A 13 year dream of a waterfront regional park came into sharper focus at a recent Oakley City Council meeting.
Although the new plan fleshed out a lot more details, the city is still searching for the estimated $60 million required to pay for it. City staff, are hoping to submit an application in August for funding through Proposition 68.
Prop 68 — the $4.1 billion California Drought, Water, Parks, Climate, Coastal Protection and Outdoor Access for All Act of 2018 — was approved by voters in June, 2018. Prop 68’s objectives include creating parks, enhancing river parkways, and protecting coastal forests and wetlands. It also provides funding for outdoor access, lower-cost coastal accommodations and climate adaptation. An allocation of $204.8 million was earmarked specifically for California’s Coastal Conservancy for various purposes.
“We need a heavy dose of grant funding to make this a reality,” Kevin Rohani, the public works director told the council, noting that the project is the costliest development on the city’s wish list. Rohani said city staff and consultants had gone the extra mile to solicit community ideas, large and small, adding, “This park is going to be a jewel for the community for years to come.”
The updated 57-acre master plan for the Oakley Regional Park on Sellers Avenue — first envisioned in 2006 — was presented by Brian Fletcher from consultants Callander Associates, and featured feedback from the community, city council and staff that had been gathered after the last 2016 plan was aired.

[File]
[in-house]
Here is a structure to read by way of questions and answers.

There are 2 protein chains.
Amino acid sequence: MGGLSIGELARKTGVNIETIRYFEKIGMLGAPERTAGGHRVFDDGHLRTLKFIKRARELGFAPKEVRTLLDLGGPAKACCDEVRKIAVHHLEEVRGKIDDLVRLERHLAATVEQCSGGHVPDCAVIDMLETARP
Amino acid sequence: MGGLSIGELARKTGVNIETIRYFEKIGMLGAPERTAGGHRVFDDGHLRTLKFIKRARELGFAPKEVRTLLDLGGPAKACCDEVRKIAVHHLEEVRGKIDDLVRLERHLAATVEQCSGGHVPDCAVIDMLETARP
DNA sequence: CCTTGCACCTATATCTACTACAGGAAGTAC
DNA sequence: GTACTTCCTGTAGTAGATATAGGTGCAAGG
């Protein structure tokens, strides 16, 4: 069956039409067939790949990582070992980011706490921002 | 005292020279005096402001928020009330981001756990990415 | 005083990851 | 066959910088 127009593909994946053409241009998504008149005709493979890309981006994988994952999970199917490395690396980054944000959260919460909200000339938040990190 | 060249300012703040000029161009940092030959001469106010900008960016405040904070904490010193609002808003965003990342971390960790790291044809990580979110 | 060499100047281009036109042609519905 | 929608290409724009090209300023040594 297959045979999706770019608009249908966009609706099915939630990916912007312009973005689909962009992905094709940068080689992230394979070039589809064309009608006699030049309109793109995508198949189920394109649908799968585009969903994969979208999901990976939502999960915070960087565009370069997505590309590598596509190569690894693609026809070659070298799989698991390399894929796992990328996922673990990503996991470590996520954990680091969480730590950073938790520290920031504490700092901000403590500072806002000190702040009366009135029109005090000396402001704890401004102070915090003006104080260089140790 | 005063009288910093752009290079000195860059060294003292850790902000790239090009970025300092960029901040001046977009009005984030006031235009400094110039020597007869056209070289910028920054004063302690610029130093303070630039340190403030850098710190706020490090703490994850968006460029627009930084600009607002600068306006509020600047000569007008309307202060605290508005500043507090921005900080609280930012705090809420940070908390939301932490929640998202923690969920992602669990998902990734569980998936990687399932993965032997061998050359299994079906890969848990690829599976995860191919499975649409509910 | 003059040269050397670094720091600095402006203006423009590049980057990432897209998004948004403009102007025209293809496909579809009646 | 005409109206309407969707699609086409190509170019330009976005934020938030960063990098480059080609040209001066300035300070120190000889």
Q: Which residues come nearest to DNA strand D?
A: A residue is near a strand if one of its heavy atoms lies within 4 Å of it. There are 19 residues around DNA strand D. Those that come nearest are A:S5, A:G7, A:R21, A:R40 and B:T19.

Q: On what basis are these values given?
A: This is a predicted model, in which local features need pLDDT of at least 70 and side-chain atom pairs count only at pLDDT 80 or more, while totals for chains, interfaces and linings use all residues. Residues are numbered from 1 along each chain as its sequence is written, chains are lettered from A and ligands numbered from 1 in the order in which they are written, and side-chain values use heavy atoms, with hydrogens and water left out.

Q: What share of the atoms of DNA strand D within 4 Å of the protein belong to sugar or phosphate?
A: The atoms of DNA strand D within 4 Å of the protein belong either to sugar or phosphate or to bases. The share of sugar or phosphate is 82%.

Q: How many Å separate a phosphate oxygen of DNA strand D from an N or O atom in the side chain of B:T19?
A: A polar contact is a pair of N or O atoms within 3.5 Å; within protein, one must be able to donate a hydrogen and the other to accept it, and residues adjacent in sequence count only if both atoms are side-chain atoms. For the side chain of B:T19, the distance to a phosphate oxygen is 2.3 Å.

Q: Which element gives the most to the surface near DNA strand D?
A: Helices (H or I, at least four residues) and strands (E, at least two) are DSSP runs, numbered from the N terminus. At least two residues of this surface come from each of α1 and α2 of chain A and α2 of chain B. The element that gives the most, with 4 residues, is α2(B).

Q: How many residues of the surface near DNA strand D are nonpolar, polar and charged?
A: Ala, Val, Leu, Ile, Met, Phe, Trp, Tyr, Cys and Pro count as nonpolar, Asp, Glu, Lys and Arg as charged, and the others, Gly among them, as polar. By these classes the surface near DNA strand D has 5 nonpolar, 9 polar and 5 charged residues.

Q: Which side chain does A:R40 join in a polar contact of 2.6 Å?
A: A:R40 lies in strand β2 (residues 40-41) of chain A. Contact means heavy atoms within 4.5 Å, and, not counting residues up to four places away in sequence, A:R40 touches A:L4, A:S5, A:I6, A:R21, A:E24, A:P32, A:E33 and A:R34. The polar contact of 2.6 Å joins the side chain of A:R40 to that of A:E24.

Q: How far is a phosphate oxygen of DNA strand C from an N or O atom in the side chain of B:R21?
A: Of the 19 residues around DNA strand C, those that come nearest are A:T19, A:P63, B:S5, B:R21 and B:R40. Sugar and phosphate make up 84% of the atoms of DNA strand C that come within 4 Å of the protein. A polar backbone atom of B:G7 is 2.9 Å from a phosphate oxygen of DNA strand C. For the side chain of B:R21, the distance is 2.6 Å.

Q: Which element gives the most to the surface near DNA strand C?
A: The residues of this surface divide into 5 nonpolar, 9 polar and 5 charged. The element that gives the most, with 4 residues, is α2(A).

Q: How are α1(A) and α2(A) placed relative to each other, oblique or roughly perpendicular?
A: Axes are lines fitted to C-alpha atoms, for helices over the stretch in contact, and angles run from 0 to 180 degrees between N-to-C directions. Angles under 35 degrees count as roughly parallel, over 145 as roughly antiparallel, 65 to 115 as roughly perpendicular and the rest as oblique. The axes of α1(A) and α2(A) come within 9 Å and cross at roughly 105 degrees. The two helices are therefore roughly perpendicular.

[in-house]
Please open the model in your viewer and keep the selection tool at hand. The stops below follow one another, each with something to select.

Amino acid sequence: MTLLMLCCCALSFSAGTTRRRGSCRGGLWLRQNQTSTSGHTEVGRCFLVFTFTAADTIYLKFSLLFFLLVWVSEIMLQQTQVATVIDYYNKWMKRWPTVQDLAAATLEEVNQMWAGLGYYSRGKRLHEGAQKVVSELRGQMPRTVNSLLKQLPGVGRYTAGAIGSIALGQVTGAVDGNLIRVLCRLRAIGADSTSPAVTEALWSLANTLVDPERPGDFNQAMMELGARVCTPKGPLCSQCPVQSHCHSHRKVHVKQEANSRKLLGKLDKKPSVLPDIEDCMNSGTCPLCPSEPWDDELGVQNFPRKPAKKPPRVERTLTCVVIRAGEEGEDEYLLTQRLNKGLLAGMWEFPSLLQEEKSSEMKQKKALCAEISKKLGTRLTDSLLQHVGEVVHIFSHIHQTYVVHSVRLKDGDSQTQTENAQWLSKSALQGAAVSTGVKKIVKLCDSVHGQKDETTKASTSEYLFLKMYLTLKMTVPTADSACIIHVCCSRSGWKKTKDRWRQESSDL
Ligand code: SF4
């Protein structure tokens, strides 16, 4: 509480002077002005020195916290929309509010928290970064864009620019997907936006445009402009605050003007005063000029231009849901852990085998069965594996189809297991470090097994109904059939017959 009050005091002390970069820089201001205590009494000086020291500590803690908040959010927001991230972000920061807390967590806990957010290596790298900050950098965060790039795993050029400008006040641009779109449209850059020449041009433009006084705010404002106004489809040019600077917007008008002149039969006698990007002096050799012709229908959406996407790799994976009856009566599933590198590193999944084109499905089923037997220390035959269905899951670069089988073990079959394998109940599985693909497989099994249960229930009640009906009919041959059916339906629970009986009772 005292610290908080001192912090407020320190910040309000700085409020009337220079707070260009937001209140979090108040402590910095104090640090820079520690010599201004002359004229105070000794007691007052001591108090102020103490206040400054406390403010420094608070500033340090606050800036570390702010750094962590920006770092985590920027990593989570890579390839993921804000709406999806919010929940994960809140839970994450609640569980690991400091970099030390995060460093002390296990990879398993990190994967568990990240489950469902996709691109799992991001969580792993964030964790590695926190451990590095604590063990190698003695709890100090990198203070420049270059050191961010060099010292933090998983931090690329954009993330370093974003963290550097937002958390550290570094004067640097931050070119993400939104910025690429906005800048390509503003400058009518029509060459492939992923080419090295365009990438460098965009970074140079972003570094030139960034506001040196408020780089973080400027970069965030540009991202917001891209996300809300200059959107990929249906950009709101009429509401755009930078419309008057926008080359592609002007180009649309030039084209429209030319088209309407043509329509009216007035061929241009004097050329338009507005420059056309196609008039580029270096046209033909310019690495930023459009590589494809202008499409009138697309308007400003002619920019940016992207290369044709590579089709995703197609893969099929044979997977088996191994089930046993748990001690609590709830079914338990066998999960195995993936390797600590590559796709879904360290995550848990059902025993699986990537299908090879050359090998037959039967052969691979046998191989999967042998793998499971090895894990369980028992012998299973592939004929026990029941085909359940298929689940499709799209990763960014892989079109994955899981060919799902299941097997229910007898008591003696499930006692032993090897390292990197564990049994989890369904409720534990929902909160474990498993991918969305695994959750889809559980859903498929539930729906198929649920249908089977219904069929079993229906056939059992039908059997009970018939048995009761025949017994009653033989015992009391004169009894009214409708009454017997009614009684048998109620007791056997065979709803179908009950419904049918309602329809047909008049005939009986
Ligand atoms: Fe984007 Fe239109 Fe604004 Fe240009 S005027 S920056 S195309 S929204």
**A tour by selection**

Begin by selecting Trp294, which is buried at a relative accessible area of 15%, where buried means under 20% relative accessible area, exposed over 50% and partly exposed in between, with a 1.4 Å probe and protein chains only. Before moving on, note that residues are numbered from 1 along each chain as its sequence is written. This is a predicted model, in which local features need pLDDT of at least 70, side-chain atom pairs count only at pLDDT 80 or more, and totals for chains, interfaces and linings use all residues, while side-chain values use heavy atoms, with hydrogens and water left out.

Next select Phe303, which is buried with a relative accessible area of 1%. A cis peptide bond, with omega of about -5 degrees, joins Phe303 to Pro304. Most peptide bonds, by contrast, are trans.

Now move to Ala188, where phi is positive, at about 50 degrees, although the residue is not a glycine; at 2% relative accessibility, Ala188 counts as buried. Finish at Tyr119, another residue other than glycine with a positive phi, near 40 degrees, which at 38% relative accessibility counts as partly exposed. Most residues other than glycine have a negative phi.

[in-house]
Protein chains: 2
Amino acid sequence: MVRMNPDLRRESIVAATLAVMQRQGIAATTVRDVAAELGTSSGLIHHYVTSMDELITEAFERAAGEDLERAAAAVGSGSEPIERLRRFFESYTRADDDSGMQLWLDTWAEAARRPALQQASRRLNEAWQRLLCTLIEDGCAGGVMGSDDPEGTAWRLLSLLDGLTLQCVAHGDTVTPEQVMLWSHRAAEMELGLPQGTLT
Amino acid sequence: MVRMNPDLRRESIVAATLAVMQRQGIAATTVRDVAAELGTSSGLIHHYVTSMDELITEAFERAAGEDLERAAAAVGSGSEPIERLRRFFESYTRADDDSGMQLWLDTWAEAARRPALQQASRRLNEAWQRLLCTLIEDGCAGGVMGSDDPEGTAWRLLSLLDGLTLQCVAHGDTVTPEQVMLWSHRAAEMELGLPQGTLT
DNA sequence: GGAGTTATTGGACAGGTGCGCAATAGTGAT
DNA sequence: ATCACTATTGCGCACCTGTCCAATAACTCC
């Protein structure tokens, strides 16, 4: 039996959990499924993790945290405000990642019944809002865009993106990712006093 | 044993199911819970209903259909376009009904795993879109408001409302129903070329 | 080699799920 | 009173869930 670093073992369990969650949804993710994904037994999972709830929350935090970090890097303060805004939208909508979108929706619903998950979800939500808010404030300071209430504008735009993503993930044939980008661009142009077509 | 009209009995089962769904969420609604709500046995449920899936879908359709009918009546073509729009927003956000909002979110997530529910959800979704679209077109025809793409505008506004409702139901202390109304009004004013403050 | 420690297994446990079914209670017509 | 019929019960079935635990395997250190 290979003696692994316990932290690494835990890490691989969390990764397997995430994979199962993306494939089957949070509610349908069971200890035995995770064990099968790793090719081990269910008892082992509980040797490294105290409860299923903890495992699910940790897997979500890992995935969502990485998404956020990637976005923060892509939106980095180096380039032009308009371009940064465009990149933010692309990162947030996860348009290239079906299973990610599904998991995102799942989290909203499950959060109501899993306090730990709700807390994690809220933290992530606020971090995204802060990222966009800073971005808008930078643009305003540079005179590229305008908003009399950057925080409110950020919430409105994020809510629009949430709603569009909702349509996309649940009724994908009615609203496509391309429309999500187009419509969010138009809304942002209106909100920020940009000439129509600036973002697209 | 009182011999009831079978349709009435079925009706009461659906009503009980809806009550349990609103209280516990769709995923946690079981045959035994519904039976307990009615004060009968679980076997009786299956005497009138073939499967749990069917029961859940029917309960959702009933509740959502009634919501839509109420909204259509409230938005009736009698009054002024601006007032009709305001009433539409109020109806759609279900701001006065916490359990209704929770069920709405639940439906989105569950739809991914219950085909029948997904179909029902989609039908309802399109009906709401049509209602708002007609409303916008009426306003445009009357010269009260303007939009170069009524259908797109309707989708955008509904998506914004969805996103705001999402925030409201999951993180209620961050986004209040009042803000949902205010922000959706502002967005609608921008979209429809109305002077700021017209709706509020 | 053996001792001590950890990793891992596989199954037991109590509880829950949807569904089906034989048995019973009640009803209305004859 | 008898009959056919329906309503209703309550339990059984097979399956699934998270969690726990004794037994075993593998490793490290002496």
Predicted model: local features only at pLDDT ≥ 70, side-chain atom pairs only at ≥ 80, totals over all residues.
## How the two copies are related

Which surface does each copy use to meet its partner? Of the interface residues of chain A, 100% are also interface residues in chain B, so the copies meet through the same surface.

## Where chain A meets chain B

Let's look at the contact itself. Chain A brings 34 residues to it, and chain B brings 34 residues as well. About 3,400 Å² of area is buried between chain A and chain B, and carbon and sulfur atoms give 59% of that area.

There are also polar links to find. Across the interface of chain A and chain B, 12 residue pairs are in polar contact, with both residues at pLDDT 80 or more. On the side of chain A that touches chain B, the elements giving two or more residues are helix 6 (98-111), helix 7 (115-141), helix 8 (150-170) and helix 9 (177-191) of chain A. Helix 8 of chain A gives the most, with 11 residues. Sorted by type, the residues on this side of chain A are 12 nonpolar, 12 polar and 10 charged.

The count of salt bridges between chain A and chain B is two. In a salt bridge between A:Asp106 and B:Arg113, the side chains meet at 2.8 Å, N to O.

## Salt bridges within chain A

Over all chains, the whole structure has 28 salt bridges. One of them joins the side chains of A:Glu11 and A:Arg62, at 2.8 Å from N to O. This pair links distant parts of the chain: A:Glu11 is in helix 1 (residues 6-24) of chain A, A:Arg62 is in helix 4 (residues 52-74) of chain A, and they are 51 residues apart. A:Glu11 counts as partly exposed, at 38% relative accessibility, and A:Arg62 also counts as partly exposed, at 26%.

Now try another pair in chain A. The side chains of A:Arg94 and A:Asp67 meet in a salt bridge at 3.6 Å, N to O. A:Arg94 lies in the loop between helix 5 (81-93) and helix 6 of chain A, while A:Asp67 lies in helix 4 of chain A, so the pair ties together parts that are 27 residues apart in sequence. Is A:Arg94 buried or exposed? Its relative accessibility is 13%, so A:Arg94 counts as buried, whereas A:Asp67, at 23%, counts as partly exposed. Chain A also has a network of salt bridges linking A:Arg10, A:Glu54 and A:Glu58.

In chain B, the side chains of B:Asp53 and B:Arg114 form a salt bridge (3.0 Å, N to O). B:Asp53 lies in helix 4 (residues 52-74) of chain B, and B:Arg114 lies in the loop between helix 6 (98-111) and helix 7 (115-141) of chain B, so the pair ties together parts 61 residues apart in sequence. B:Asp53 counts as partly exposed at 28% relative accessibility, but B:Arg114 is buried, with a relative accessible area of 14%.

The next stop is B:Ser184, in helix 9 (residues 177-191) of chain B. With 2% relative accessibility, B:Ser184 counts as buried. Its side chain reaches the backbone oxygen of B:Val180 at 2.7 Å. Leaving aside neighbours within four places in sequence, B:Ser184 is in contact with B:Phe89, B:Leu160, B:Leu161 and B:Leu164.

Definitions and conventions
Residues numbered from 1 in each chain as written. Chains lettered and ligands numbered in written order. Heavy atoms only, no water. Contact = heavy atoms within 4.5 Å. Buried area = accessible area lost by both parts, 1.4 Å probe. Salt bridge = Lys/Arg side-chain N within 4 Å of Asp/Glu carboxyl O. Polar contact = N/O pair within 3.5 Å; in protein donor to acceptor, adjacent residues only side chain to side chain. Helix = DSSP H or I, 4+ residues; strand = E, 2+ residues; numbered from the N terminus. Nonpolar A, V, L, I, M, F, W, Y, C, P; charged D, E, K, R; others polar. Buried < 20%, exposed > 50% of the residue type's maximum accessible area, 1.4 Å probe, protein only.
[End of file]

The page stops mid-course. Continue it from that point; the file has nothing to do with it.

The new plan focuses on a five-phase process to reach final build-out. Phase one includes multi-use sports fields for little league, baseball, soccer, lacrosse or other sports, parking, trails and a score-keeper building on the west side of the park. Phase two would include a maintenance building and trailhead parking. Phase three would feature a central, open meadow with a concession and restroom facility, pavilion stage, playground, group picnic area and parking. Phase four would include a boat house and kayak launch, riverfront beach, multi-use trail and interpretive center and classroom. And phase five includes the historic Gilbert House, event lawn, administration building, community garden, agricultural fields and concession stand and restroom.
Mayor Claire Alaura admitted after the meeting that, since its inception, the central problem with the park proposal has always been how to pay for it. She dismissed any possibility of raising funds through a public bond initiative, stating that council or community support for such a plan wouldn’t be likely.
“We have to take our time and work on this a little part at a time,” Alaura said. “It’s a long-term project. Partnerships from public and private will be a big key.”